My point? The wires always looked good, produced spark when when checked, would make the plug spark when grounded on the engine, but would still misfire. Visual checks of spark are not enough with electronic systems. Something in the plug wire construction would cause them to fail and misfire. Might not be your issue, but sure is a cheap check!
 
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Rednaxs60

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Thanks Gerry. It's a mystery that needs to be solved. Agree it's probably electrical, not the FI system. Have new wires installed so these should be good, but no guarantees. Using plug caps that are old, but installed new caps in 2016. Caps should be good as well. Interesting in that I was balancing the cylinder banks for some 3/4 days - a little at time and no issues. Then a road test and all hell breaks loose. Good thing I'm a patient man and live in Canada, or this bike would be a candidate for the shotgun test, or a nice boat anchor.

Changed out relays 4/5. Had done this a few years back as well. Mentioned above that the bike started, let warm up, shut down, then would not start. No power to the FI system. After a few minutes, power back and engine started. Checked power to relay 4 - good. Should check power in from ignition key.

This circuit has the power going through the side stand safety relay then to relay 4, fuel pump shut-off sensor and coils - going to disconnect the side stand safety switch for a while, my addition so take it out of the equation. Checked the power to the coils on this circuit, 10.3 VDC; however, did put in a dedicated 12 VDC wire to the coils, taking the coils off the circuit.

All sorts of gremlins.

Have another issue with the charging system. When cold, starts, the RPM drops a bit, then increases to a fast idle. When warm, engine idles down to 1020 RPM. The alternator voltage creeps up to 14.2/14.3 VDC, it's the creeping up that bothers me, should be 14.2 VDC right away. When the engine warms up, shut down and restart, voltage 13.9 VDC, minimal charging but no change in load, should be at 14.2 VDC right away.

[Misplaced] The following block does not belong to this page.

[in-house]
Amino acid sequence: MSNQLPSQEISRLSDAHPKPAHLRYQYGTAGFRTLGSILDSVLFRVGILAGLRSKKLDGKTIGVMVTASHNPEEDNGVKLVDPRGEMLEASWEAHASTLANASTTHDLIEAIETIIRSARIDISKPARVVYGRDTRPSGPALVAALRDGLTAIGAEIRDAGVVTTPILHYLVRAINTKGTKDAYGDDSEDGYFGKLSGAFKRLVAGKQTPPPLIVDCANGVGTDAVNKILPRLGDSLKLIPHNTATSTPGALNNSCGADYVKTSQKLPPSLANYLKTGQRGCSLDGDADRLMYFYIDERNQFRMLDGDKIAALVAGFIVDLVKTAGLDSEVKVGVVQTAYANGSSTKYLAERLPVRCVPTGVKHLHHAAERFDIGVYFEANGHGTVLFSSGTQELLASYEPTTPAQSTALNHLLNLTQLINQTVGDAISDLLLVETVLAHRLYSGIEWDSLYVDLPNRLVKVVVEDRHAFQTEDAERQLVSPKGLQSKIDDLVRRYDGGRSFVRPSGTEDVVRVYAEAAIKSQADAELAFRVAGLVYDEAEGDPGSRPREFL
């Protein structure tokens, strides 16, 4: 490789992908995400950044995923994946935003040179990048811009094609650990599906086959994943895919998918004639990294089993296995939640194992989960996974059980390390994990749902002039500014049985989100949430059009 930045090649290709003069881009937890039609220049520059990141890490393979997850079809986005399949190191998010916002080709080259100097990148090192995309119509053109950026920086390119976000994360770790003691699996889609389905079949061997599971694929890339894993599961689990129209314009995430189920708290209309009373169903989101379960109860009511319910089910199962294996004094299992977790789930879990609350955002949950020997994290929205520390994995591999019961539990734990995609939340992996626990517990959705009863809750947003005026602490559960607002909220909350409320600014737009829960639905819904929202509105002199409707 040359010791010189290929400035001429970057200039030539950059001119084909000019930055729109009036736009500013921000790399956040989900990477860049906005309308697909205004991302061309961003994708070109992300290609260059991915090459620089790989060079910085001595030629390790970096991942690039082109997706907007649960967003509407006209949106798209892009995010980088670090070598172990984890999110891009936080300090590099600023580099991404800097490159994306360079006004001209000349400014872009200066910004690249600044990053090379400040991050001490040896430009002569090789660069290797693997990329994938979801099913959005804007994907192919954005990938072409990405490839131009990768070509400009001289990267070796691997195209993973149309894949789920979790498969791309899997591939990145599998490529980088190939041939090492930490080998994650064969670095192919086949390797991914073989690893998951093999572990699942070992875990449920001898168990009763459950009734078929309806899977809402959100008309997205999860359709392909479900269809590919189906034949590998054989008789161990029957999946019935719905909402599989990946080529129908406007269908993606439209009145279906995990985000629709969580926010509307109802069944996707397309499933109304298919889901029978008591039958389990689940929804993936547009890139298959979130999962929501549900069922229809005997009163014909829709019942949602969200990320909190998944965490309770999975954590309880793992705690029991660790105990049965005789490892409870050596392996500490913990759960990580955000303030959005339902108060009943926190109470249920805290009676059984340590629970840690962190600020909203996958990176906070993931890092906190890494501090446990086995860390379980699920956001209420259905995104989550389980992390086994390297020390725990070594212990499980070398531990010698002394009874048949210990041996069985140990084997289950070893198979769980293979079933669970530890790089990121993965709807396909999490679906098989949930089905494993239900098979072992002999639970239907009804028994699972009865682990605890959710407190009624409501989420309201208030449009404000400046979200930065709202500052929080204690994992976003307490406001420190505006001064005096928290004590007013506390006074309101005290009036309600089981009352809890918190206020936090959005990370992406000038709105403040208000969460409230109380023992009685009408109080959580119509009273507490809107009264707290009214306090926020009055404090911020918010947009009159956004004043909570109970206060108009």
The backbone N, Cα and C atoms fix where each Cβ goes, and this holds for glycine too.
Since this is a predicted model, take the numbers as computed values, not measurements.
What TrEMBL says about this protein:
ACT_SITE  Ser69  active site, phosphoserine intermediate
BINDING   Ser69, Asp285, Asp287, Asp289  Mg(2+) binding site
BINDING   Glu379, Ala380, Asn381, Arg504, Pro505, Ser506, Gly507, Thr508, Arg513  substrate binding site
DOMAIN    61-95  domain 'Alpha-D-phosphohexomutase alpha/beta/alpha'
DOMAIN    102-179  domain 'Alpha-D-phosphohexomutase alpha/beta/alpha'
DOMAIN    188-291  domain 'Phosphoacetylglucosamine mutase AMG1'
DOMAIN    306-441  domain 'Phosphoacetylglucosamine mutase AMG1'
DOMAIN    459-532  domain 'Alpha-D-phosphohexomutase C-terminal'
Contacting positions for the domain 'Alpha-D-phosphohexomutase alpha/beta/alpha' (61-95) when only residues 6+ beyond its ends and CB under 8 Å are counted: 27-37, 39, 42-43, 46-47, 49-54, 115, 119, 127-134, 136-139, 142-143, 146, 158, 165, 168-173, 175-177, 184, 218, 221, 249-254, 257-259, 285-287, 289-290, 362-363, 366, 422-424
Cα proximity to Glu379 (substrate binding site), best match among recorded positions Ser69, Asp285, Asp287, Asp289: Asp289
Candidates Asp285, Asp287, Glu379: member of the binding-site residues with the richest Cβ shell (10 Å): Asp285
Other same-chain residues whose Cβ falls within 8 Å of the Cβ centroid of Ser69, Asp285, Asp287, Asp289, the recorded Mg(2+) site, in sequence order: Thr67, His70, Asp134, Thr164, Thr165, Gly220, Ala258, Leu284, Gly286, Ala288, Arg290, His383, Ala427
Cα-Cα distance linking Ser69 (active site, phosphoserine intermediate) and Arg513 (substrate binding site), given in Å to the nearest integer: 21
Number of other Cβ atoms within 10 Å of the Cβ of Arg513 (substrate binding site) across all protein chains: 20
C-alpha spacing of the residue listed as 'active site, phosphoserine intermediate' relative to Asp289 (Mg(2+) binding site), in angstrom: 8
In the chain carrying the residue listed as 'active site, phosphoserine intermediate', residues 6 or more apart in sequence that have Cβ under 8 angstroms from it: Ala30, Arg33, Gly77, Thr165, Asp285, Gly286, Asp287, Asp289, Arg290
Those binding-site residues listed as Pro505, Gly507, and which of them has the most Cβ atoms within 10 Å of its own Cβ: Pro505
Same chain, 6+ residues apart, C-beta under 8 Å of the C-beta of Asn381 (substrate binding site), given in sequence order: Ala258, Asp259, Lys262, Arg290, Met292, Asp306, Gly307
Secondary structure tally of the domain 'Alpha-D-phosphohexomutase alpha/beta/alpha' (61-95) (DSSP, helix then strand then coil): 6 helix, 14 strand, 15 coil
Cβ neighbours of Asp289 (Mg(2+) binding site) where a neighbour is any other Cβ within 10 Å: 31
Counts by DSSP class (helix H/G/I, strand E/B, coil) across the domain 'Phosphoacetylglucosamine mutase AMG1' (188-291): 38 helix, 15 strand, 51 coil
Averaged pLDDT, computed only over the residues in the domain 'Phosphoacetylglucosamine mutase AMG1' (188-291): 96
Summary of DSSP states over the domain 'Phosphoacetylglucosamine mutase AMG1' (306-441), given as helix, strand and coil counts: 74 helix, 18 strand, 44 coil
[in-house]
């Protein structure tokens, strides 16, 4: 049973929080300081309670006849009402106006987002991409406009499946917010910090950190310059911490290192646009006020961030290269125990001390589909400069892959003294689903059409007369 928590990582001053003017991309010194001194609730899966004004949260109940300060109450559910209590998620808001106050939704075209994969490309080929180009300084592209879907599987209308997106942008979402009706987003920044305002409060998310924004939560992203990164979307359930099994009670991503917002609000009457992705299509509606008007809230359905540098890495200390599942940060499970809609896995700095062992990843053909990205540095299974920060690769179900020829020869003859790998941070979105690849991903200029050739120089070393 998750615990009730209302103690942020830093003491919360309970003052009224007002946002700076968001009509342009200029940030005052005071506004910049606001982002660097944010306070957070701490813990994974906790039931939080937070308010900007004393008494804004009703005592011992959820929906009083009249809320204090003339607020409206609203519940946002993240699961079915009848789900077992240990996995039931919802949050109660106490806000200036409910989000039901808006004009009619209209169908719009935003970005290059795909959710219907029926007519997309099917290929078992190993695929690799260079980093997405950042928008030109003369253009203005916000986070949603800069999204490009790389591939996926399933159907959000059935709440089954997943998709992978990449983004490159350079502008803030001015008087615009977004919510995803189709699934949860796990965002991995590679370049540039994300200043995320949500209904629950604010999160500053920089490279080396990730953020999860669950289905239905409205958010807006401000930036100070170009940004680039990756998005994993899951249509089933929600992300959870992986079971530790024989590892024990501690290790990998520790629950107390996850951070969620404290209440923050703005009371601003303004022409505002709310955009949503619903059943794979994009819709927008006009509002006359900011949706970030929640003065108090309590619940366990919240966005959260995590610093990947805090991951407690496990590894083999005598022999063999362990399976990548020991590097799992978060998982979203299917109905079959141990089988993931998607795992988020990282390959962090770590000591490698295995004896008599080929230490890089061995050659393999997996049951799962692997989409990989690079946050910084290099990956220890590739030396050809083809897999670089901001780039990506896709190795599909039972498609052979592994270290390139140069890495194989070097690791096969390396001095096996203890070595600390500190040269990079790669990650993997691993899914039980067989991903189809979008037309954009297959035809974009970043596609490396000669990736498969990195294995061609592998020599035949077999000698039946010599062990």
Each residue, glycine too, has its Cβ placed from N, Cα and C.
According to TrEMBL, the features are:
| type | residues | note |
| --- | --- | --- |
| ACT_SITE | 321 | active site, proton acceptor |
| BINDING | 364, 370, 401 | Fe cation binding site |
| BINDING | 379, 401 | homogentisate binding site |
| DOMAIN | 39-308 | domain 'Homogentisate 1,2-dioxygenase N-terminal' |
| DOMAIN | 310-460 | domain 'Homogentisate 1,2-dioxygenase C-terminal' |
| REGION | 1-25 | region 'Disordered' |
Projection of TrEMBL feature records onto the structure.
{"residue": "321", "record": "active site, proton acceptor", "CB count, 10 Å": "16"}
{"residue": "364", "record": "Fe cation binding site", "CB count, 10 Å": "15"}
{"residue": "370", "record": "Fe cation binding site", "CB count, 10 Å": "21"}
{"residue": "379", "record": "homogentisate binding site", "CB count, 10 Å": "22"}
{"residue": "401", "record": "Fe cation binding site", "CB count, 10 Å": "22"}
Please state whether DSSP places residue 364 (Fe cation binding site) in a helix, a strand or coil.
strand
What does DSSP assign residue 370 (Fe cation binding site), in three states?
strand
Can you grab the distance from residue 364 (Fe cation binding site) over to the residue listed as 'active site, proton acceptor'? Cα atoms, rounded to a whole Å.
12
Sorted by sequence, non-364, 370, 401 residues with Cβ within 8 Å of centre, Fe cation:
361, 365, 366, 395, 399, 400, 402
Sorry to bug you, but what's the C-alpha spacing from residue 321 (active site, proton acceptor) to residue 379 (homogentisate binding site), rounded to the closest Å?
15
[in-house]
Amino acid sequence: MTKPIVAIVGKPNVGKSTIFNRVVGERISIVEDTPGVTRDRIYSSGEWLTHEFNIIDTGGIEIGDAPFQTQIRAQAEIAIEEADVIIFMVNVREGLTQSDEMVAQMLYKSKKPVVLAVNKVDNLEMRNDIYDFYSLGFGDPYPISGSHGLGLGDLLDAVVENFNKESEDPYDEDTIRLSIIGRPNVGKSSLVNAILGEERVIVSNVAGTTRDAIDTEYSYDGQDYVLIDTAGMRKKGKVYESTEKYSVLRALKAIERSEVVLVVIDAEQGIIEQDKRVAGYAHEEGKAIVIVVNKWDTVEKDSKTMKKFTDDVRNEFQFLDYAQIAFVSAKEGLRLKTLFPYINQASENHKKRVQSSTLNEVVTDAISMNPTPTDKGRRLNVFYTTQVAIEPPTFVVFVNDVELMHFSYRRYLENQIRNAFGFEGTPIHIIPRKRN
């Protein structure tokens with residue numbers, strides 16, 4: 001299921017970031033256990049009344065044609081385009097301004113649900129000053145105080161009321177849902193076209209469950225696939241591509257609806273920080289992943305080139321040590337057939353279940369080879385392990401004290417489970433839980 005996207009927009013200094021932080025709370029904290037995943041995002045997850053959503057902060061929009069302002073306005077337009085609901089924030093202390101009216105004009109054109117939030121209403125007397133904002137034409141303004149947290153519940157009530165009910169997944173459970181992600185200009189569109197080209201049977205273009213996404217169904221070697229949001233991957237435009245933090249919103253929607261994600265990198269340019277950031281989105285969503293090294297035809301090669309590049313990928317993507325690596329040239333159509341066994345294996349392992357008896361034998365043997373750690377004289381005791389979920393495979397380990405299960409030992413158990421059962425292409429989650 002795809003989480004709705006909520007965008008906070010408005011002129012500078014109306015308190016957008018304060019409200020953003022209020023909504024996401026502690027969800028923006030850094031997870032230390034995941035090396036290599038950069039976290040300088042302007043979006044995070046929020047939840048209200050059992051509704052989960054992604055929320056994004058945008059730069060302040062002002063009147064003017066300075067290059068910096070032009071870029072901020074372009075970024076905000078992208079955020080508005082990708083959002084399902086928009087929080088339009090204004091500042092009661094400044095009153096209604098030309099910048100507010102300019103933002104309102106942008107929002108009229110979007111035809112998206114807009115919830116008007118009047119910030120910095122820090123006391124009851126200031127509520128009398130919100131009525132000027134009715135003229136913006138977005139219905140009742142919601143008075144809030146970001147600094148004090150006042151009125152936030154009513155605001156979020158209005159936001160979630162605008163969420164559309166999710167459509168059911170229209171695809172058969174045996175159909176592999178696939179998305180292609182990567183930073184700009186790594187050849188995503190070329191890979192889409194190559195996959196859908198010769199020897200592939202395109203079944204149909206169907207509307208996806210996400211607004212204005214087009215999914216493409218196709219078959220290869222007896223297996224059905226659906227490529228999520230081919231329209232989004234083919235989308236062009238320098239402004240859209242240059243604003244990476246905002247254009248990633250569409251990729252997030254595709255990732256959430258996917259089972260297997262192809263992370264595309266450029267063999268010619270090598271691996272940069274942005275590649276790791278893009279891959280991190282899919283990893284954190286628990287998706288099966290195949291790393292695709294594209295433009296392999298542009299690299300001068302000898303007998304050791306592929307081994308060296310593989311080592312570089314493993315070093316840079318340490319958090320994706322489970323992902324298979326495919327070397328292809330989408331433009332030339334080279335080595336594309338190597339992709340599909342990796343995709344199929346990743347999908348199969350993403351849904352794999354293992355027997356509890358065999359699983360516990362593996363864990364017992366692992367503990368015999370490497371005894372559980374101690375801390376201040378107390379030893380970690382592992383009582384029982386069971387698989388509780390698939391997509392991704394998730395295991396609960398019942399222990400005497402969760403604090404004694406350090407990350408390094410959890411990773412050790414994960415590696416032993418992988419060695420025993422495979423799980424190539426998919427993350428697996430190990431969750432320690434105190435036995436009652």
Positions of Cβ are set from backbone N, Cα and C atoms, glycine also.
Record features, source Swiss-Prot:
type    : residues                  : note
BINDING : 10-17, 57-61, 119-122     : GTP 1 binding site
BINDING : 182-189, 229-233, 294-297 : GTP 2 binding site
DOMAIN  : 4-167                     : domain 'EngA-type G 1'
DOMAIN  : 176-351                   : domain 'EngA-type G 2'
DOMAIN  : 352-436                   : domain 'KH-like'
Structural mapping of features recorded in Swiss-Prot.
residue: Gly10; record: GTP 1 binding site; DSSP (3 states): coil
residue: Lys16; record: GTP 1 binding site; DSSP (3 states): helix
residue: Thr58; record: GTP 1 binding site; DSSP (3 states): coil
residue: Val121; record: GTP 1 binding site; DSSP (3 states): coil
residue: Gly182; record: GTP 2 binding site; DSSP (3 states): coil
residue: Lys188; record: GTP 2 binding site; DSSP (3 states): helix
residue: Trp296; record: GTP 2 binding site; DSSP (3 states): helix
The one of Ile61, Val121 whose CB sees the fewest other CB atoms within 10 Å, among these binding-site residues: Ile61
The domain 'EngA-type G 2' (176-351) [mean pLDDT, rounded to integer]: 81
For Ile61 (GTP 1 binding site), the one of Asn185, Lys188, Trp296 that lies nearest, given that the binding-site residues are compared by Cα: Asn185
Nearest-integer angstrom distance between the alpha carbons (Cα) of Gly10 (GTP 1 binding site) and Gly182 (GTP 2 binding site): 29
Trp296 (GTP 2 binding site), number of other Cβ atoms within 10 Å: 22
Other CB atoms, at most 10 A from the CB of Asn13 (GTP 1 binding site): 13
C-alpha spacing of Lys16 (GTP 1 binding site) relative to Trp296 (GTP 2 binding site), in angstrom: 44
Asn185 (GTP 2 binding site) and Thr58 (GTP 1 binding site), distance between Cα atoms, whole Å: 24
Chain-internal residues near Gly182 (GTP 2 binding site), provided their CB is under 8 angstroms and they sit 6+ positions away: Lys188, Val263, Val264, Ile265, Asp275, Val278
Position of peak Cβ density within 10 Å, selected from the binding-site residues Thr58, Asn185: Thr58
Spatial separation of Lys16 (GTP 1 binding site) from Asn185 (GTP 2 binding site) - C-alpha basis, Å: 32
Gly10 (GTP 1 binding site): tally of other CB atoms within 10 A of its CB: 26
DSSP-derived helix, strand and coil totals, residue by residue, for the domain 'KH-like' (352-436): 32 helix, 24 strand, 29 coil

Decided I need a spare alternator. The local alternator shop is building me one. When I get it, will swap out alternators to try and determine what is happening.

Checked the diode pack in the alternator. Continuity one way only. Should be good. Brushes seem to be good. Regulator - ??. Regulator not as inexpensive as I thought.

Nice wiring on the boat, ABYC compliant no doubt, and pretty.
 

mcgovern61

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Voltage regulation for the alternator is controlled by the VR. The alternator should put out the same voltage no matter what. It is a matter of the voltage required by the VR based on the battery condition. I have zero experience with the 1200. But I do know that voltage will vary based on battery condition, not load on the system. The load on the system is measured by the battery output and the alternator carries the load plus battery charge (amps). Each time you start, there should be difference in the battery voltage based on the output and engine/air temp. Warm engine requires less starting amps than a cold engine. I always measure voltage directly at the battery to know what the system is doing.
 
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Rednaxs60

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Agree - on start, after which the battery is topped up to a 100% state of charge, and becomes a passenger so to speak until called back into service - trickle charge as the battery is never at 100%. The alternator now feeds the electrical system, and uses the reference voltage of approximately 14.2 VDC to monitor and maintain the electrical system.